Dating in your teens and twenties is like eating at an all-you-can-eat buffet, whereas dating in your thirties and beyond is more like getting a sampler plate that’s been passed around the table a few times.
In our teens and twenties, romantic relationships often grow from friendships or from what Carrie Bradshaw calls “zsa zsa zoo.” Dating later in life, however, is a completely different story. Instead of just seeking chemistry and connection, many of us are also auditioning lifestyles. Because, face it, by the time we’re in our thirties, we’ve already made a number of decisions about the direction our life will take, and most likely we won’t change drastically, and neither will the other person. This means that we don’t just date a person, we’re also dating their career, exes, possible children, pets, habits, and interests.
|Envisioning a future wedding|
As I navigate the dating world in my thirties, I imagine what my life would be like with each man that I go out with. Although I try not to, the truth is that when I’m dating, I’m looking for someone who could be a potential husband as well as a father to my future children. Dating is no longer just about whether or not you feel an attraction and enjoy each other’s company. It’s also about finding a partner to balance the checkbook and make dinner with you. And it’s about finding someone whose dreams you can support and who will do the same for you.
The advantage of dating in your thirties and beyond is that you have a pretty good idea of what you’d be getting into with each new prospect. Unfortunately, that advantage doesn’t necessarily offset the fact that as the dating pool gets smaller with each passing year, there are increasingly more factors to weigh. You find yourself asking, “What would it be like to be with a musician, a radio show host, a carpenter, a lawyer, a winemaker, or a math professor?” What about someone who’s obsessed with snakes and keeps caged rattlesnakes in his studio apartment, someone who has a two year-old child, or someone from another country who lives here on a work visa? (These are not random hypotheticals. I’ve been out with each of these men.) And then you picture yourself in this scenario and ponder, “Is this life for me?” and “Is this what I want?” And, of course, these men are most likely asking themselves the same questions about you.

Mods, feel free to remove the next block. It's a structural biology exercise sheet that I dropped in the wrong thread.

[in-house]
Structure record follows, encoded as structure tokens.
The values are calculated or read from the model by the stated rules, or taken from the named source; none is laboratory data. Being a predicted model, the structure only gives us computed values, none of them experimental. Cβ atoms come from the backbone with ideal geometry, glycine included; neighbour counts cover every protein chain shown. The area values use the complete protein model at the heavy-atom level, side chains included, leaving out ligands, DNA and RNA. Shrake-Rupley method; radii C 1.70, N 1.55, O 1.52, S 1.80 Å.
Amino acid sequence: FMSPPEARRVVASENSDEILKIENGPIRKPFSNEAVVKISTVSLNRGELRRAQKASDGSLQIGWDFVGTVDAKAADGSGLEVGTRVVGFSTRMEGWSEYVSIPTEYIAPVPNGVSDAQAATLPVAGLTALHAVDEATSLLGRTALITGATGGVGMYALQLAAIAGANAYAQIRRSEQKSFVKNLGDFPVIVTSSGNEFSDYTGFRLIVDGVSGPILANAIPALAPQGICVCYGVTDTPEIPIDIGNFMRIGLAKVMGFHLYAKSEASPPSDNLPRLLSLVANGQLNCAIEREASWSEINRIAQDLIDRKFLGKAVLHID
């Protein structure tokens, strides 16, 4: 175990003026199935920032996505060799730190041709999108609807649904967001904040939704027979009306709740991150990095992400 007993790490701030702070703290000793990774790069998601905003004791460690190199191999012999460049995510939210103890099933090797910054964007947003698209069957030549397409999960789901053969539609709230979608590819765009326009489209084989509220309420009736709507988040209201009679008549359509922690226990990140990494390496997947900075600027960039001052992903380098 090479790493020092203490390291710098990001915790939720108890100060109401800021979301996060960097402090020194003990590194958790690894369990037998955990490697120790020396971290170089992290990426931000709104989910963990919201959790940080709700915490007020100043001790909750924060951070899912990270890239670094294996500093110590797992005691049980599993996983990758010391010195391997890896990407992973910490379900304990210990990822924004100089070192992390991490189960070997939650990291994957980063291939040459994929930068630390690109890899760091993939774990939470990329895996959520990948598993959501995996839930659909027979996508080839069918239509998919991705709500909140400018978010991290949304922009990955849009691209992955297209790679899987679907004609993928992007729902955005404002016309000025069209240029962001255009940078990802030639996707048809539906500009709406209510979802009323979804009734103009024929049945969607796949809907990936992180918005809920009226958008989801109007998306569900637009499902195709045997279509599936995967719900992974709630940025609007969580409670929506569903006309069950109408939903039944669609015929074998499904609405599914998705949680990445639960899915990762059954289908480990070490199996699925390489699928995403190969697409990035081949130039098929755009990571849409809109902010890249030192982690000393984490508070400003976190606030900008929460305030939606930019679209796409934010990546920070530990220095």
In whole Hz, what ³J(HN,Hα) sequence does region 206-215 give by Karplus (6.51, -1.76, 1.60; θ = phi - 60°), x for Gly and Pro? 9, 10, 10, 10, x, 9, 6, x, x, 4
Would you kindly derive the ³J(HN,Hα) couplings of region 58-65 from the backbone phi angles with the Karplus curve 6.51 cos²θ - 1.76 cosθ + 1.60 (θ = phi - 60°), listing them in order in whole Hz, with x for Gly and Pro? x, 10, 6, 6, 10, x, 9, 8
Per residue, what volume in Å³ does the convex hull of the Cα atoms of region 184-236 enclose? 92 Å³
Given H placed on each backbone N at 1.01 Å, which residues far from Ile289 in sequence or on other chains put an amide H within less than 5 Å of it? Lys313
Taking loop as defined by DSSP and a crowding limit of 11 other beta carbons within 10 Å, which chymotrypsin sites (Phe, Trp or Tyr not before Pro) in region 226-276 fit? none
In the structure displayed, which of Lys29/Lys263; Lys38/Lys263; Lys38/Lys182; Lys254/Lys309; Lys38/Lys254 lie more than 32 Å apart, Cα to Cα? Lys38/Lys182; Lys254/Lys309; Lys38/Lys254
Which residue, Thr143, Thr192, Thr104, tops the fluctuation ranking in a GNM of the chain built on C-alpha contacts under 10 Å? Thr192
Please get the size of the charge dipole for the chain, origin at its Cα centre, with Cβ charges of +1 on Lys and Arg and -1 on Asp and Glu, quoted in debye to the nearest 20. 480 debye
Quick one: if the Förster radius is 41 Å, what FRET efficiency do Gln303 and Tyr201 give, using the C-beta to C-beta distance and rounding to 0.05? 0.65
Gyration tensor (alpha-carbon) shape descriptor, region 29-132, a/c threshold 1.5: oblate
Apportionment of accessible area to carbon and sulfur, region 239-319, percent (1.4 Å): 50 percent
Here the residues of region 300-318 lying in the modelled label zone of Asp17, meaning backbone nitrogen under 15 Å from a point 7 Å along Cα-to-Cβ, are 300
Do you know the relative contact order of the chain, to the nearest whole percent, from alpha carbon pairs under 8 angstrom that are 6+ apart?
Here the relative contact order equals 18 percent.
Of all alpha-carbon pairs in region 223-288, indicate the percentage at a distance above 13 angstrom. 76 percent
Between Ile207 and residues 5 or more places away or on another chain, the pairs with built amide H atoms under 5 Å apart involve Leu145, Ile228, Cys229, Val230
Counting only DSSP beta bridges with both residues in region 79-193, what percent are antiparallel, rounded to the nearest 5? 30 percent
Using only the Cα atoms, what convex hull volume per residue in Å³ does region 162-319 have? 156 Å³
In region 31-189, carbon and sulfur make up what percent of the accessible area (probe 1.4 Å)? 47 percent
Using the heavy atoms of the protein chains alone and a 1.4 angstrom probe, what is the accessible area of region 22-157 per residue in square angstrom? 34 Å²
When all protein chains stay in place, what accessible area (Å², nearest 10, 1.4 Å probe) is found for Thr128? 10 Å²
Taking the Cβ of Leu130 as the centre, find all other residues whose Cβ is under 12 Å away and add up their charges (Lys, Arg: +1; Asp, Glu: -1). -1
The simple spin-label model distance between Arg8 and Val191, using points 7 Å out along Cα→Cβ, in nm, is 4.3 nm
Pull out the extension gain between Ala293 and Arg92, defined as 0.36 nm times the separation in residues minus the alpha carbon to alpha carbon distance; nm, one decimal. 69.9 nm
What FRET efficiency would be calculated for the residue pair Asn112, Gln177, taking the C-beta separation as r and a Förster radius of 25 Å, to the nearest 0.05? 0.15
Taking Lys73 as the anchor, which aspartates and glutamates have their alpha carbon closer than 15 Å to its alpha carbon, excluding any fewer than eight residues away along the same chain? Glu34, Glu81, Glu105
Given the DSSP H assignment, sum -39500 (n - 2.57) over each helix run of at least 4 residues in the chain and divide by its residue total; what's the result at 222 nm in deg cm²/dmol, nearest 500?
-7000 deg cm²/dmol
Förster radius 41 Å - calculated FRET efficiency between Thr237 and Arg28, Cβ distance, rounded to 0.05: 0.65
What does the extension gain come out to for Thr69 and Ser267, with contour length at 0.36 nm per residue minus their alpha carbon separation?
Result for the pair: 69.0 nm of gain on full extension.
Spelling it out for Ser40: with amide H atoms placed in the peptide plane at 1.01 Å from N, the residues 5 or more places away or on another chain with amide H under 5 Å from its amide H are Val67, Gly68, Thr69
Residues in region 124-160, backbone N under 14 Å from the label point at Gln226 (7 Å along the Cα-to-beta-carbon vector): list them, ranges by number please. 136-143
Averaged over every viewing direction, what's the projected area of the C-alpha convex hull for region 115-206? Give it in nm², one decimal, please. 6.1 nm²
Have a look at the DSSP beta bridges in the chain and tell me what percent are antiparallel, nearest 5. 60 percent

|Getting ready to go out dancing at 24 years old|
Whether you’re happily married or looking for love, if you’re like me and find yourself holding auditions for your future, I encourage you to join me and make a pledge to live more in the present and seek joy now rather than planning for future happiness. And who knows, we might just find long-term contentment where and when we least expect it.
Braised Red Cabbage with Apple
This is a good dish for holiday meals. It pairs well with roasted poultry (and for a quick weeknight meal, serve leftovers with German sausage). I especially like how easy it is. Once everything is chopped and in the pot, it needs very little attention, so you’ll be free to do other things.
1 tbs. olive oil
1 red onion, sliced (2 cups)
1 tsp. sea salt
1 head of red cabbage (2 lbs.), cored and roughly chopped into 2-in pieces
2 lg. firm apples (1 lb.) such as braeburn or fuji, peeled, cored, and thinly sliced
½ cup apple cider vinegar
In a heavy-bottomed 5-quart pot over medium, cook the onion with the olive oil and salt until the onions are soft and translucent. When I’m cooking, I like to have one thing cooking while I prepare the next. So, while you’re sautéing the onions, chop the cabbage and peel and slice the apples. Add the cabbage and apples along with the cider vinegar to the pot, stir. Cover and slow-cook on medium-low for about an hour and a half. Stir occasionally to make sure it doesn’t stick to the bottom of the pan. Cook until the cabbage is soft and tender.